Batak - Marriage and Family

Marriage. As noted, the ideal marriage involves a young man and a young woman from two linked lineages that have a long-standing alliance relationship. In practice, many marriages forge bonds between lineages with no previous alliance; that situation is usually accepted as a means "to widen the sphere of kin-term usage" and to provide more alliance partners for support. When families are conforming to the ideal, however, a man would marry his exact mother's brother's daughter. This marriage would repeat the marriage his father made in the previous generation: both the older man and his son would have obtained brides from the same house in the same traditional wife-giver lineage. Elaborate gift exchange accompanies marriage in many subsocieties. The bride brings ritual textiles and various foods (identified with femininity) to her new house, while the bridegroom's family gives countergifts of bride-wealth payments, jewelry, and livestock. Such exchange is conceptualized as part of a complementary opposition scheme in which wife givers and wife receivers work together to produce a fertile marriage, which in turn empowers the village. Residence is ideally with or near the new husband's parents for several years, after which the new couple formally split off to set up their own household. In prenational times some areas such as Karo and Toba had large, multifamily houses, with a full complement of wife givers and wife takers. Lower-class people never had such large and complex houses. Divorce, much discouraged in the adat oratory, is possible under Islamic law and Indonesian civil law. For wealthier families, given the fact that marriage alliance carries so many larger political implications, divorce is shameful. When Batak migrant men marry women from other, non-Batak ethnic groups, a new bride is sometimes adopted into a lineage as her groom's mother's brother's daughter.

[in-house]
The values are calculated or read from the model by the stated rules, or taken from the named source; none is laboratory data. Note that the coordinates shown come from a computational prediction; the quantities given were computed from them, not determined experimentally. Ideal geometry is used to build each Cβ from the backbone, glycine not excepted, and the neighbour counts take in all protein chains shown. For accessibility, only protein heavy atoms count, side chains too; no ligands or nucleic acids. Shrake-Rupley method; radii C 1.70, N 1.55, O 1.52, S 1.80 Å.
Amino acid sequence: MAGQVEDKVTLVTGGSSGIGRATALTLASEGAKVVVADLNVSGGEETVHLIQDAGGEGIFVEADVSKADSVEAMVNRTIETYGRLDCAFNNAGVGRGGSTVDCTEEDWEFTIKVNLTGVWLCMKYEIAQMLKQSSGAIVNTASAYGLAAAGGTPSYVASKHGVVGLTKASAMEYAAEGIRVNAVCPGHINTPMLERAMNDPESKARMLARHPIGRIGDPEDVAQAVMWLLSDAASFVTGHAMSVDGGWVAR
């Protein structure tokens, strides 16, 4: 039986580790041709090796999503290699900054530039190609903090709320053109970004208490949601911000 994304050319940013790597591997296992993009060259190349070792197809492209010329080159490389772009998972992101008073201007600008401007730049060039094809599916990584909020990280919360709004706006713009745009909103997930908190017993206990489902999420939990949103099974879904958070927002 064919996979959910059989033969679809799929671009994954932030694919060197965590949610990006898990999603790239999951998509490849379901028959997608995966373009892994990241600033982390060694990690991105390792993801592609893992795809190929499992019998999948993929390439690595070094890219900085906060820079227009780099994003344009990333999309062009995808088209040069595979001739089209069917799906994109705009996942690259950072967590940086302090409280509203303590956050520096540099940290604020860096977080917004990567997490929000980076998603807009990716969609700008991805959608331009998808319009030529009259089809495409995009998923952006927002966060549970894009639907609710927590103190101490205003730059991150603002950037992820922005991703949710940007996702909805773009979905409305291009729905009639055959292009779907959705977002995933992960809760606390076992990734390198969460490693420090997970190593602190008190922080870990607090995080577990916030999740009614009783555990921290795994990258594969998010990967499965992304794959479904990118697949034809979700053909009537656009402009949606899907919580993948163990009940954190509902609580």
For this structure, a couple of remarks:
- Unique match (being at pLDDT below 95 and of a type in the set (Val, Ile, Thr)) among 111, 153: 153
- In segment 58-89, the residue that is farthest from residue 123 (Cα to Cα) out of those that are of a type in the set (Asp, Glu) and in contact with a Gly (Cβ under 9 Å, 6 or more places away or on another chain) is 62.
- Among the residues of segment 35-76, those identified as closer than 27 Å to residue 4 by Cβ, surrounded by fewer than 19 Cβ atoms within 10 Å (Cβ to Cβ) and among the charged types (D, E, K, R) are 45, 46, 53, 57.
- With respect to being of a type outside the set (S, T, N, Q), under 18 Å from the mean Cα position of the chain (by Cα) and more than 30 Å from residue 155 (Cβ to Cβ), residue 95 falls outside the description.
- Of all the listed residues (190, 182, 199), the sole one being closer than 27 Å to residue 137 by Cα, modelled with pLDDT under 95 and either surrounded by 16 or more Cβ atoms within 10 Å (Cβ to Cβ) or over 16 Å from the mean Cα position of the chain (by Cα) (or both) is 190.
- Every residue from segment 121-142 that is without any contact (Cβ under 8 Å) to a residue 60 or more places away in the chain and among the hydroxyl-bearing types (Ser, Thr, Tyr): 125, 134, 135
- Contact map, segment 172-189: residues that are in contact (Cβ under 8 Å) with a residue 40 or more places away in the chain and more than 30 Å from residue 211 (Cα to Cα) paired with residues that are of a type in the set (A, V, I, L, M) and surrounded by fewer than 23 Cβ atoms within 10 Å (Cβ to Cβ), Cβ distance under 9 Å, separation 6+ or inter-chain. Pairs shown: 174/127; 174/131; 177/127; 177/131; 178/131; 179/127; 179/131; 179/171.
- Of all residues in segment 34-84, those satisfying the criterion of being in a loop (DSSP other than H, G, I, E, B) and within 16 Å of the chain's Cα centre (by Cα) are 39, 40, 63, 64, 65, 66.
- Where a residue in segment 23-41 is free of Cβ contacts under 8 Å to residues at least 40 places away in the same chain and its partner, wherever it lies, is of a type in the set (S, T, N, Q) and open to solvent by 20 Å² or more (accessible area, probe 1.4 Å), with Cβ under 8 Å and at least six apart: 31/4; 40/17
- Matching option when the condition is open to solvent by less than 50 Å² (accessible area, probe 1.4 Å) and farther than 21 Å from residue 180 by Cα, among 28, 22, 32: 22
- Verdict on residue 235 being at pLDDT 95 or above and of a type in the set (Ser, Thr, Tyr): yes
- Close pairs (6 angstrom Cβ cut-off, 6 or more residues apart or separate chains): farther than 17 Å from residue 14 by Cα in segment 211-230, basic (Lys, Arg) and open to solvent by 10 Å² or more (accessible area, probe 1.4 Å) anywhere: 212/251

Domestic Unit. There are several household types: (1) older married couples living with married sons and their other unmarried children; (2) new couples just separated from such parental households; (3) young married couples with children; and (4) older couples with several unmarried relatives sharing the same house. Many migrants from the cities move back to their home villages temporarily and live with relatives, so household structure is extremely fluid. Multifamily wife giver/wife receiver "complete" households have been rare in recent decades.

Inheritance. Sacred property such as old rice land, lineage heirlooms, and the ancestral house should pass down the patriline, whereas bride-wealth goods circulate among houses linked through marriage alliance. Daughters can obtain rice land as bridal gifts from their fathers. In some areas, the eldest son and the youngest son get the larger share of heritable goods, and the youngest son and his wife are obligated to care for his aged parents.

Socialization. Attendance at public school or at Muslim school is compulsory and dominates children's lives today. The national schools stress Indonesian patriotism and "modern values." At home, older siblings have a large role in the care of younger brothers and sisters, frequently carrying them around in tight cloth slings. Young children are rarely scolded or even reprimanded; children are cajoled into obeying with small food or cash gifts.

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